|US5297291 *||7 Mar 1991||22 Mar 1994||Digital Equipment Corporation||System for linking program units by binding symbol vector index in the symbol table into calling image to obtain current value of the target image|
|US5390306 *||8 Sep 1992||14 Feb 1995||Kabushiki Kaisha Toshiba||Pipeline processing system and microprocessor using the system|
|US5404530 *||12 May 1993||4 Apr 1995||Nissan Motor Co., Ltd.||Information managing apparatus|
|US5410704 *||1 Mar 1993||25 Apr 1995||Motorola, Inc.||Table modifiable edit functions with order-effective edit rules|
|US5442783 *||24 Sep 1993||15 Aug 1995||Motorola, Inc.||Method and apparatus for transferring data base information|
|US5612865 *||1 Jun 1995||18 Mar 1997||Ncr Corporation||Dynamic hashing method for optimal distribution of locks within a clustered system|
|US5684955 *||30 Jun 1992||4 Nov 1997||Siemens Aktiengesellschaft||Process for distributing an object-oriented program over a plurality of operating system processes of a computer system|
|US5699500 *||1 Jun 1995||16 Dec 1997||Ncr Corporation||Reliable datagram service provider for fast messaging in a clustered environment|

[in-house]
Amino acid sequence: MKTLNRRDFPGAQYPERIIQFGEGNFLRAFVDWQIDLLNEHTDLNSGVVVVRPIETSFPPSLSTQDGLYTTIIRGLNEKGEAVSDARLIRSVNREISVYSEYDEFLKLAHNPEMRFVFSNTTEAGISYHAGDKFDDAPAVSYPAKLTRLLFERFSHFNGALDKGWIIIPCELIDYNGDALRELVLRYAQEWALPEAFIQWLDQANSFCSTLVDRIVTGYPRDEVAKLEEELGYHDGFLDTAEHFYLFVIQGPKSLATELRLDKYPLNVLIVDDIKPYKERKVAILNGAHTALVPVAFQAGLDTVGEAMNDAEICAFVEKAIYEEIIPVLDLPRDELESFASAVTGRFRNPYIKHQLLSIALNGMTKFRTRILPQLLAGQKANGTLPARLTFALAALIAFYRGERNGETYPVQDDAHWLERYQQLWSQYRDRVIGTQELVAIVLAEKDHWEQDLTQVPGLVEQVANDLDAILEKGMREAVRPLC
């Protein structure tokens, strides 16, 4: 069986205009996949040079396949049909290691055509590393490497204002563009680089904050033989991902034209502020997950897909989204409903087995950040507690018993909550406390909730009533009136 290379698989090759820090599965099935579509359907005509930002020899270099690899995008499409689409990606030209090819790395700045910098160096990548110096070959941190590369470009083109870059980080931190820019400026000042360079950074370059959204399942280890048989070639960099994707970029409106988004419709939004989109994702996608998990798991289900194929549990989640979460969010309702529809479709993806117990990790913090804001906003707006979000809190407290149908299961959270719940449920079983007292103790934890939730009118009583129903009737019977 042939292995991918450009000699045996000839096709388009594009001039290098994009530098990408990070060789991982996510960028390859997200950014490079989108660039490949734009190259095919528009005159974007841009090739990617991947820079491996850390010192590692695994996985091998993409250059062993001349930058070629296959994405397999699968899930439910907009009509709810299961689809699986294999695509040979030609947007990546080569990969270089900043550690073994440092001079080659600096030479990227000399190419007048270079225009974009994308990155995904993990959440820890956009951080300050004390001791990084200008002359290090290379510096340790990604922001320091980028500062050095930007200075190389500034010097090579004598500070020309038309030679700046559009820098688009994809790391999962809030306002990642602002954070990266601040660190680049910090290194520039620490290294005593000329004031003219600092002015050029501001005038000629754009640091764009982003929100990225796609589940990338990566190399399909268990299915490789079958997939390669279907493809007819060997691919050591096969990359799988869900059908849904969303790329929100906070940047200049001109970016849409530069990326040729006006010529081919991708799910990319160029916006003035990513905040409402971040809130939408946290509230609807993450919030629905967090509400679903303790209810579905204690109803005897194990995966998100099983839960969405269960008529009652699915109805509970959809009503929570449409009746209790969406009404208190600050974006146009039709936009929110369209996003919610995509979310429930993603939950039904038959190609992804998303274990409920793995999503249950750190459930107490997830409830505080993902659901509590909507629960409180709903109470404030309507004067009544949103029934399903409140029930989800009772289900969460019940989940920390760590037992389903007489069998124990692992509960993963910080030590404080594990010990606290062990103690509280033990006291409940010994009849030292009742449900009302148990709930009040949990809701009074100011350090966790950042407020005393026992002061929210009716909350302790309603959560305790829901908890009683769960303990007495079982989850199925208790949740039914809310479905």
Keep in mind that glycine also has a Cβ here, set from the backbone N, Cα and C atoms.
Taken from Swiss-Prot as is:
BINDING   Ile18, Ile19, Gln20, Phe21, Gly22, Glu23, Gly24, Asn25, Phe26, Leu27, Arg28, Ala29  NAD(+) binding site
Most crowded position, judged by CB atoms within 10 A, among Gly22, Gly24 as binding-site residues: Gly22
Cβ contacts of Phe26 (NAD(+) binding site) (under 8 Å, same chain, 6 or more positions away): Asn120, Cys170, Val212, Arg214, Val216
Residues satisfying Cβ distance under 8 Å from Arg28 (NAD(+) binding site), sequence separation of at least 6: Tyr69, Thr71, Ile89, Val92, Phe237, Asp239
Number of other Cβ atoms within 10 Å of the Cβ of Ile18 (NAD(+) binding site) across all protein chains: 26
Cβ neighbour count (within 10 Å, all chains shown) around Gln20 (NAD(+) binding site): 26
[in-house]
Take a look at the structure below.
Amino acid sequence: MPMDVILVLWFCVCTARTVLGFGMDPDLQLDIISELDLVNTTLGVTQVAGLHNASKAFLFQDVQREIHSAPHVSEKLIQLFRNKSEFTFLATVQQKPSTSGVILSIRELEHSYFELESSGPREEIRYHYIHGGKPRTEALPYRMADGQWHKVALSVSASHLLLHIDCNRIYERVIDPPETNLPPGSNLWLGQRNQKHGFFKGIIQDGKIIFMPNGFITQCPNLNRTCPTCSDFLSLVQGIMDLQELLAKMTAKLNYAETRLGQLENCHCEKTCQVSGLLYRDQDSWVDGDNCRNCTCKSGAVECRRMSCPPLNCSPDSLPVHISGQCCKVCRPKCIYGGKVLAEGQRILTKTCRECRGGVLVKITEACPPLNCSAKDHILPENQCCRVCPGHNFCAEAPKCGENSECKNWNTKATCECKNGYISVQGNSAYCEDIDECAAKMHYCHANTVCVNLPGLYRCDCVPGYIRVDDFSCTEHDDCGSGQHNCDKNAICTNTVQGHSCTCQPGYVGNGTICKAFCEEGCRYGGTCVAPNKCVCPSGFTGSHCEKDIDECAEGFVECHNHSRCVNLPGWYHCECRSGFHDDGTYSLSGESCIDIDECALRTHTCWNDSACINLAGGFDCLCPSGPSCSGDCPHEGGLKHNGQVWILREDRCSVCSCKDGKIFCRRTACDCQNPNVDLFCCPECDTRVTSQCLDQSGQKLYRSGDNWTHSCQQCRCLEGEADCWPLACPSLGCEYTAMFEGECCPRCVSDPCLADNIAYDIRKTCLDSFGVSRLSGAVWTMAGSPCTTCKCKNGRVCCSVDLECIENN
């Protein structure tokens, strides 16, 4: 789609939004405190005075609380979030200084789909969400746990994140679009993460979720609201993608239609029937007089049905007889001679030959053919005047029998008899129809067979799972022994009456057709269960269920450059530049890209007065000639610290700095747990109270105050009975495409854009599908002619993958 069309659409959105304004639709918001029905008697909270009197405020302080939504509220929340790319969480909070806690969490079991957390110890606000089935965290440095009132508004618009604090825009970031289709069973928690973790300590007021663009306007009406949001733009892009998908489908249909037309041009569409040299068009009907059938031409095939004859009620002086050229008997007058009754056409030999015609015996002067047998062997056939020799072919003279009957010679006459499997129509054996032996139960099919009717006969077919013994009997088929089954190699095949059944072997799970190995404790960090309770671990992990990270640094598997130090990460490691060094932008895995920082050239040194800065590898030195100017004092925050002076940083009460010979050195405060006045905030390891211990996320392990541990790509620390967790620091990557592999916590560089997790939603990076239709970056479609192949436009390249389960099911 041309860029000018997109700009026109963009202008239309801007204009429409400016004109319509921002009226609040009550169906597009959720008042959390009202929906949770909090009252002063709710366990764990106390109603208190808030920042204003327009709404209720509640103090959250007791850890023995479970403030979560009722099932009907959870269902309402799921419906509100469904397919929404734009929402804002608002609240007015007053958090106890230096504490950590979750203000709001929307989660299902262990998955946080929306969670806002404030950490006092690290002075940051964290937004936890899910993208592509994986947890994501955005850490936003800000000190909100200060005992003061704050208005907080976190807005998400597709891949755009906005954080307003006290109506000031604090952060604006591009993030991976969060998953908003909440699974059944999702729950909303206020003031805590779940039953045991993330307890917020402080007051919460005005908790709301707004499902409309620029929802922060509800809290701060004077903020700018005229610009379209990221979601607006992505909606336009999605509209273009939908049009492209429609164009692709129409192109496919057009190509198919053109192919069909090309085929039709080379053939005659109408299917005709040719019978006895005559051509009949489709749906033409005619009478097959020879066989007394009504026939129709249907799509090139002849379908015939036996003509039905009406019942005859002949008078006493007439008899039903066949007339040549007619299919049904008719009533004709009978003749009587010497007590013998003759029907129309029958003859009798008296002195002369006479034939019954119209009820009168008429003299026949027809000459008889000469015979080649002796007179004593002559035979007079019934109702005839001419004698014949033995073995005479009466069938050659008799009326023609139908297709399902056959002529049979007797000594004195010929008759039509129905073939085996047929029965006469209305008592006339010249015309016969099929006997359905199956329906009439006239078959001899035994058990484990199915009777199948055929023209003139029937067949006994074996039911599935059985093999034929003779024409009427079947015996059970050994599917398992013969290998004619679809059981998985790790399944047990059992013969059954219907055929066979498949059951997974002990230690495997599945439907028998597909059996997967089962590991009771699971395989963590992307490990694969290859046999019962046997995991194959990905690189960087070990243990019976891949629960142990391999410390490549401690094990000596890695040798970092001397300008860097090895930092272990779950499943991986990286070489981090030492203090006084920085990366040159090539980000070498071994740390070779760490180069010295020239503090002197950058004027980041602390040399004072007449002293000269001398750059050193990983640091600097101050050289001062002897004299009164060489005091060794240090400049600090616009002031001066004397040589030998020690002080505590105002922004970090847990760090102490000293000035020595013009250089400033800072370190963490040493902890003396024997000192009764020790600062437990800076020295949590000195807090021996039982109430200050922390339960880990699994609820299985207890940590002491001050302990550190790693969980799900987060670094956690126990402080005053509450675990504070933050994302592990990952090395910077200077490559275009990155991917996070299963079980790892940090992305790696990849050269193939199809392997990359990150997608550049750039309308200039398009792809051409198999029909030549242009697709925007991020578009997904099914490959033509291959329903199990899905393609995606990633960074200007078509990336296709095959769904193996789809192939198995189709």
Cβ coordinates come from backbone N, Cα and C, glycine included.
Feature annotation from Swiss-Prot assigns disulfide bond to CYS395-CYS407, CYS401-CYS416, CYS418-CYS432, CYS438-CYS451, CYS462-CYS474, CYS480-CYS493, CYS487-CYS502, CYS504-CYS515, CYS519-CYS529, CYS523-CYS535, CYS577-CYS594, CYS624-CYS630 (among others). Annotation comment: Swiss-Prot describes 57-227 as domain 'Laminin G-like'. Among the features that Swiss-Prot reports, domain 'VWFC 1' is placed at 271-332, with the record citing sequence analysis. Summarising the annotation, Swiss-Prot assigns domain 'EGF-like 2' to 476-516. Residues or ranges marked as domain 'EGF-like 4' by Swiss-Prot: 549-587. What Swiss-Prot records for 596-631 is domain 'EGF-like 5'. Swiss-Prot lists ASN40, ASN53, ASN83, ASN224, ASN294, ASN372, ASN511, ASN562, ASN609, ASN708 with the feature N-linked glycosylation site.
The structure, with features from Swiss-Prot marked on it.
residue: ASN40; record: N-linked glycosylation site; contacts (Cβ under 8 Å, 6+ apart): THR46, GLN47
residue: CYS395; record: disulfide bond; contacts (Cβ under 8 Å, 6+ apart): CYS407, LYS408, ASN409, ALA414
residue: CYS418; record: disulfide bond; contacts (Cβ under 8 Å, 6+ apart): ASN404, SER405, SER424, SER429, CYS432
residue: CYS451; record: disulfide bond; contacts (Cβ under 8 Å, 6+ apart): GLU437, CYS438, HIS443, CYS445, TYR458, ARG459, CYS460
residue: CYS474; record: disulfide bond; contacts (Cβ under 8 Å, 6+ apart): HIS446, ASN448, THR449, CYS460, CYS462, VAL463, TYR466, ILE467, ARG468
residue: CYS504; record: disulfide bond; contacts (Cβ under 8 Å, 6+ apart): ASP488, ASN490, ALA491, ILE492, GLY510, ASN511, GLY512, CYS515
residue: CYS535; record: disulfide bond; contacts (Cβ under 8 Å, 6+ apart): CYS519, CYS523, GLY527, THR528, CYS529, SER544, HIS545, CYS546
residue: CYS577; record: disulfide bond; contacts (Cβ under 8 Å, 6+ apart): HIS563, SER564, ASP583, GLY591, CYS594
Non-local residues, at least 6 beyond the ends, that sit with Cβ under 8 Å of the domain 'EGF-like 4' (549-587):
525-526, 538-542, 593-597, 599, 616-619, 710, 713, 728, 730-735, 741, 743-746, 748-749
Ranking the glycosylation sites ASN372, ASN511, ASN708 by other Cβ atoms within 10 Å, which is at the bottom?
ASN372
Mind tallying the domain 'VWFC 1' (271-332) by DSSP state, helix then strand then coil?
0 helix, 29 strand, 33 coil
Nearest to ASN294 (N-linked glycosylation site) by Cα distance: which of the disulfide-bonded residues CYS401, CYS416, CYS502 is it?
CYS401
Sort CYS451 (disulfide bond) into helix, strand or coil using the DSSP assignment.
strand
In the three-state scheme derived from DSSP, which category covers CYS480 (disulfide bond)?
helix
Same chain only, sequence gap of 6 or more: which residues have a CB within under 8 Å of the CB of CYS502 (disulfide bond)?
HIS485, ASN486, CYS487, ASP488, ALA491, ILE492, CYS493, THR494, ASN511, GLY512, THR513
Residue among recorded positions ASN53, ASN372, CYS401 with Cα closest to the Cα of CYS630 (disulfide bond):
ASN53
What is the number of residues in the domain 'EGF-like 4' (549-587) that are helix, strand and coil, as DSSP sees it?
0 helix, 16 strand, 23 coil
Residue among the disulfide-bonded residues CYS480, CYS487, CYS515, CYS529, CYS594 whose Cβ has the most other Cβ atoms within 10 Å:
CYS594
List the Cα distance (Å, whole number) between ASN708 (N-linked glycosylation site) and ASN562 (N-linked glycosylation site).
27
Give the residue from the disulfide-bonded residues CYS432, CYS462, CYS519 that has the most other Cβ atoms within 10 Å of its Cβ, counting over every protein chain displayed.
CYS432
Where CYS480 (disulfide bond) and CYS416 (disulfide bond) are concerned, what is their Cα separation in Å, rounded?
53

|US5903859 *||27 Mar 1996||11 May 1999||Dell Usa, L.P.||Dynamic multi-lingual software module system|
|US5946488 *||16 May 1997||31 Aug 1999||Thnkage Ltd.||Method for selectively and incrementally displaying the results of preprocessing|
|US6092037 *||6 May 1999||18 Jul 2000||Dell Usa, L.P.||Dynamic multi-lingual software translation system|
|US6104872 *||14 Jun 1996||15 Aug 2000||Fujitsu Limited||Macro program management system|
|US6263493 *||8 Jul 1998||17 Jul 2001||International Business Machines Corporation||Method and system for controlling the generation of program statements|
|US6484309 *||8 Oct 1998||19 Nov 2002||Intel Corporation||Enabling software designed for one operating system to operate on another operating system|
|US7409675||27 Feb 2004||5 Aug 2008||Microsoft Corporation||Code rewriting|
|US7571431 *||29 Apr 2003||4 Aug 2009||Microsoft Corporation||Processing macro information and displaying via GUI in different tools|
|US7672740||28 Sep 2006||2 Mar 2010||Rockwell Automation Technologies, Inc.||Conditional download of data from embedded historians|
|US7711440||28 Sep 2006||4 May 2010||Rockwell Automation Technologies, Inc.||Browser based embedded historian|
|US7739586 *||19 Aug 2005||15 Jun 2010||Microsoft Corporation||Encoding of markup language data|
|US7742833||28 Sep 2006||22 Jun 2010||Rockwell Automation Technologies, Inc.||Auto discovery of embedded historians in network|
|US7809656||27 Sep 2007||5 Oct 2010||Rockwell Automation Technologies, Inc.||Microhistorians as proxies for data transfer|
|US7882218||27 Sep 2007||1 Feb 2011||Rockwell Automation Technologies, Inc.||Platform independent historian|